Site One: A Romantic Education

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Finding Romantic Commonplaces: An Interview With Jerome Christensen

Site One: A Romantic Education

Steve Newman, Temple University

Johns Hopkins Seminar Room
Johns Hopkins Seminar Room
  1. Steve Newman: So I thought we’d start with a blurry picture of the seminar room at Hopkins. That image seems fitting because it’s where I first made your acquaintance, a place we’ve both since departed but one that had an important impact on both of us. My first question is, "How did you get there?" Basically, what I’m asking for is a brief intellectual autobiography of how you came to be a professor of Romanticism and co-founder of the Film and Media Studies Program and the Center for Digital Media Research and Development.

  2. The blurriness of the image is in fact a result of my using a subpar camera, but let’s re-describe that flaw as a happy accident, since it points to your own skepticism as a rhetorical critic about the historicist’s faith in the picturablilty of the past. It consequently complements the empty space where your sillhouette would be if we had followed the practice set by Orrin Wang in his interview with W. J. T. Mitchell — which provided a visual pun of the cameo series. I decided to break that very short tradition as a way of pointing to the position you occupied when I first came to Hopkins and to announce some themes I’ll be returning to over the course of our discussion.

  3. I want to couch the question "How did you get there?" by drawing on some terms you introduced in an essay entitled, "From Rhetoric to Corporate Populism: A Romantic Critique of the Academy in an Age of High Gossip."1 In that essay, you trace two basic ways of being initiated into a way of knowing — or perhaps an ethics of knowledge would be more accurate— "seduction" and "recruitment." So were you seduced or recruited into Romanticism? And by whom or what? I’m thinking particularly of the early part of your Romantic education up to Coleridge’s Blessed Machine of Language.2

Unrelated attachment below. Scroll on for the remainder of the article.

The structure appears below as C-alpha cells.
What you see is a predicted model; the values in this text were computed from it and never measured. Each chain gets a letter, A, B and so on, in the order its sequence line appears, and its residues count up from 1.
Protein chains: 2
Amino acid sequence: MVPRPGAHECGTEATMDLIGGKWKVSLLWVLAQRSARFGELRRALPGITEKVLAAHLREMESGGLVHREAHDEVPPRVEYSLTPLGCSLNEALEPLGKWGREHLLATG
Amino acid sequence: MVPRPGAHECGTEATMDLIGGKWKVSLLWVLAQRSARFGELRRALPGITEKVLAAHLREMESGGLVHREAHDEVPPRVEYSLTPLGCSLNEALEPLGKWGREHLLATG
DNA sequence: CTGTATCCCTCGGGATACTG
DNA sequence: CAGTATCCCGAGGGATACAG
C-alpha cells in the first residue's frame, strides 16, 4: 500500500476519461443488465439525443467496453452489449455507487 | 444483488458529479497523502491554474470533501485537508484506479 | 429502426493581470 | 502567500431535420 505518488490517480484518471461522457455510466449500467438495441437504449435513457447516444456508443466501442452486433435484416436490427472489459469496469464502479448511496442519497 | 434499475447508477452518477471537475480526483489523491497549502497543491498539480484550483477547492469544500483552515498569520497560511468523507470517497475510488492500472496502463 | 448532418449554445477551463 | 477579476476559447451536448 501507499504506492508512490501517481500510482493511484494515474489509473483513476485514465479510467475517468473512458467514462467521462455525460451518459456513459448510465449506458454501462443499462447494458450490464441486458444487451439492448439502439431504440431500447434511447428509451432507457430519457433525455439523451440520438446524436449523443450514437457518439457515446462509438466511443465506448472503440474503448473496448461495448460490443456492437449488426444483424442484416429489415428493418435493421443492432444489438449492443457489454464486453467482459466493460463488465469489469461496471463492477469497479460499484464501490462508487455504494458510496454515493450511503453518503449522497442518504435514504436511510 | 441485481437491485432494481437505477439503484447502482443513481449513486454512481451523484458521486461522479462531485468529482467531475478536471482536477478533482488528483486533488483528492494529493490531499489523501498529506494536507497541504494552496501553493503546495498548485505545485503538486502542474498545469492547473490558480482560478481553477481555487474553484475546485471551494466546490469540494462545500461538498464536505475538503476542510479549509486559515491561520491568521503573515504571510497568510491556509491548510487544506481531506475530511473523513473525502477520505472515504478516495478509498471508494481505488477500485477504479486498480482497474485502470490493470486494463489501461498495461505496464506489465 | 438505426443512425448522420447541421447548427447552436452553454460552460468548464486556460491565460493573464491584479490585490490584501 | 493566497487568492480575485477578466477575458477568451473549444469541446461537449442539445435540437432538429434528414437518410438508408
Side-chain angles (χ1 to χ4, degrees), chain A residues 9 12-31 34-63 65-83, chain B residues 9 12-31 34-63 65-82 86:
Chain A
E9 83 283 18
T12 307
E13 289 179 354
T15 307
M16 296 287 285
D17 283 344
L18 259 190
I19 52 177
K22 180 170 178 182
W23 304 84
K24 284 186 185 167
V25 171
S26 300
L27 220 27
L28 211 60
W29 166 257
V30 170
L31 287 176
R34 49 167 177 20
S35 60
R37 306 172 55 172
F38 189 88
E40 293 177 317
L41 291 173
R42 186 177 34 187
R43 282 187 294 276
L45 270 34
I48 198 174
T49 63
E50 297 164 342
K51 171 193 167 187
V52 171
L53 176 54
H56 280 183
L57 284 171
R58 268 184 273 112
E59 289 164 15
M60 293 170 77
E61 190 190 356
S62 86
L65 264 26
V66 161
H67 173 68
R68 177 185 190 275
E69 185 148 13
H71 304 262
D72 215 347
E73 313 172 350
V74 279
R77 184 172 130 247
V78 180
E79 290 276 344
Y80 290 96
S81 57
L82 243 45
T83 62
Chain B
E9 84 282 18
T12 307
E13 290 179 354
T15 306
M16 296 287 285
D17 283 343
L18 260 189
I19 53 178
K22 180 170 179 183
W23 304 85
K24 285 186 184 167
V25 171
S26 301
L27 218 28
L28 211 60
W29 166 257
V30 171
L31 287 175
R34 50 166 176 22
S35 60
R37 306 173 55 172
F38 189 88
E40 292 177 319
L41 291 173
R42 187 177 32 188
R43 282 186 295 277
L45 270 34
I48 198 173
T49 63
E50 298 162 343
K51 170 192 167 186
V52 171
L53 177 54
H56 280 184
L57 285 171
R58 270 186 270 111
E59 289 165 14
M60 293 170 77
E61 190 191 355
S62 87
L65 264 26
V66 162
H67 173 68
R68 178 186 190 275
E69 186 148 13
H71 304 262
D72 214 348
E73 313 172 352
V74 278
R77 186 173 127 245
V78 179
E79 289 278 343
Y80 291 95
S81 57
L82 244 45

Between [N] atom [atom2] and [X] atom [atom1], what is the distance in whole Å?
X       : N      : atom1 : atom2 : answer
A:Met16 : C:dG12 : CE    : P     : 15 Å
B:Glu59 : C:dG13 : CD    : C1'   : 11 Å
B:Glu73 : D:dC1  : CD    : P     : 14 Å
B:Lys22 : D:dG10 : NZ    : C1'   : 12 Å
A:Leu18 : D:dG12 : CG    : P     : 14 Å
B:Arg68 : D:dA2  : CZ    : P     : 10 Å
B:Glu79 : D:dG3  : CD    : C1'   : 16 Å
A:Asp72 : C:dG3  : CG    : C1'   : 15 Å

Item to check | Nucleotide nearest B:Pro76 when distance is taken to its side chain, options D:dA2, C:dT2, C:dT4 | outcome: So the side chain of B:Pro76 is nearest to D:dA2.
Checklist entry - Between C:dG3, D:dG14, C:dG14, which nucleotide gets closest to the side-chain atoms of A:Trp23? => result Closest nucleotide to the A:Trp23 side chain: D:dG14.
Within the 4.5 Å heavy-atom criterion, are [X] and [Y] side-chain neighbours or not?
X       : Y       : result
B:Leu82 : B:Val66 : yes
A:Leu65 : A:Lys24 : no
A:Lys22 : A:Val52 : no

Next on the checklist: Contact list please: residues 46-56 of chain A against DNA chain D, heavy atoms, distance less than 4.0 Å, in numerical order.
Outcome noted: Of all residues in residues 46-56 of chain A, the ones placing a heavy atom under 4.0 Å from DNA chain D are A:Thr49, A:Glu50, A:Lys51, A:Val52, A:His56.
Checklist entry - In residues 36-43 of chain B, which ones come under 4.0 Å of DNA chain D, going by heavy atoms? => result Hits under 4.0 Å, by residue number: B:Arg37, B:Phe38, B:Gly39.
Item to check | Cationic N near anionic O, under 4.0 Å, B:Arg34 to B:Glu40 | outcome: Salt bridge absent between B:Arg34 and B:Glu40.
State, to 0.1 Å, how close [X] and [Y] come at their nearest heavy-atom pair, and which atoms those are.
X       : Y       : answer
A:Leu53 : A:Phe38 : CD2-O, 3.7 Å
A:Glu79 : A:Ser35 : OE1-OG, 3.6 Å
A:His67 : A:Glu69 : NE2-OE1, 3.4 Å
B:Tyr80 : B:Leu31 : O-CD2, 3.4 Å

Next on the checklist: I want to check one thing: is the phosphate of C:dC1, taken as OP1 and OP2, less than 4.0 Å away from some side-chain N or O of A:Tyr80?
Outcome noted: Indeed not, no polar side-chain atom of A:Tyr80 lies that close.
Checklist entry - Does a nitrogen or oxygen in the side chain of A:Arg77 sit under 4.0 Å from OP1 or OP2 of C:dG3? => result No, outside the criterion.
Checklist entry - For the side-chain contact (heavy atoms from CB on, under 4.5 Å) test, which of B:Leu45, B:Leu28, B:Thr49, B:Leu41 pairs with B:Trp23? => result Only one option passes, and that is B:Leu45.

4. Jerome Christensen: I was a political science major at college. I was baffled by the New Criticism as it was applied in my lit courses (I learned the word "Alexandrine" in order to describe its enigmatic protocols), sunk as a prospective English major by a disastrous attempt at a close reading of Spenser. I eventually learned how to analyze art by watching moving pictures in a film course. At the end of my undergraduate career, I began to think I could learn how to read literature. But it was too late to learn anything. Although it was the heyday of formalism in the classrooms in the late 60s, it was a carnival of political demonstrations outside whether in the quad or on the Mall in D.C. Many of my classes senior year looked as empty as this seminar room.

  5. That you mention Stanley Fish is interesting, because a summer course I took with him at Berkeley, during a year pretty much away from the academy, was a pivotal moment in my career. In fact, I would say that Stanley was the first person who really taught me to read, to address in a systematic way what reading is by situating reading within a rhetorical context. He was at that time teaching what I think was the last iteration of the lectures that became The Self-Consuming Artifact. The title of my first book, The Blessed Machine of Language, was meant to echo the title of Fish’s book. After a year at Illinois I left for Cornell. I went there to study with Abrams and quickly became impressed with how unlikely it was that I was ever going to achieve the scholarly stature that Abrams commanded so effortlessly and with such modesty. I was lucky enough to take a course on the sublime with Neil Hertz, where I was introduced to Derrida, along with Rousseau, Sade, Wordsworth. That course was the unum necessarium of my graduate career. And it was from there that I began reading De la Grammatologie just before Spivak’s translation came out. My French is only a little more fluent for me on the page than it is off my tongue, but it was worth the labor.

  6. Reading Derrida in the eighteenth-century context was like finding a subterranean treasure, because in fact most of the responses to Derrida at the time had focussed on his relation to structuralism. The section of De La Grammatologie that mattered was the deconstruction of Levi-Strauss’s Triste Tropique. But for me Derrida’s engagement with Warburton’s Divine Legation of Moses made sense of Romanticism in a fundamentally different way.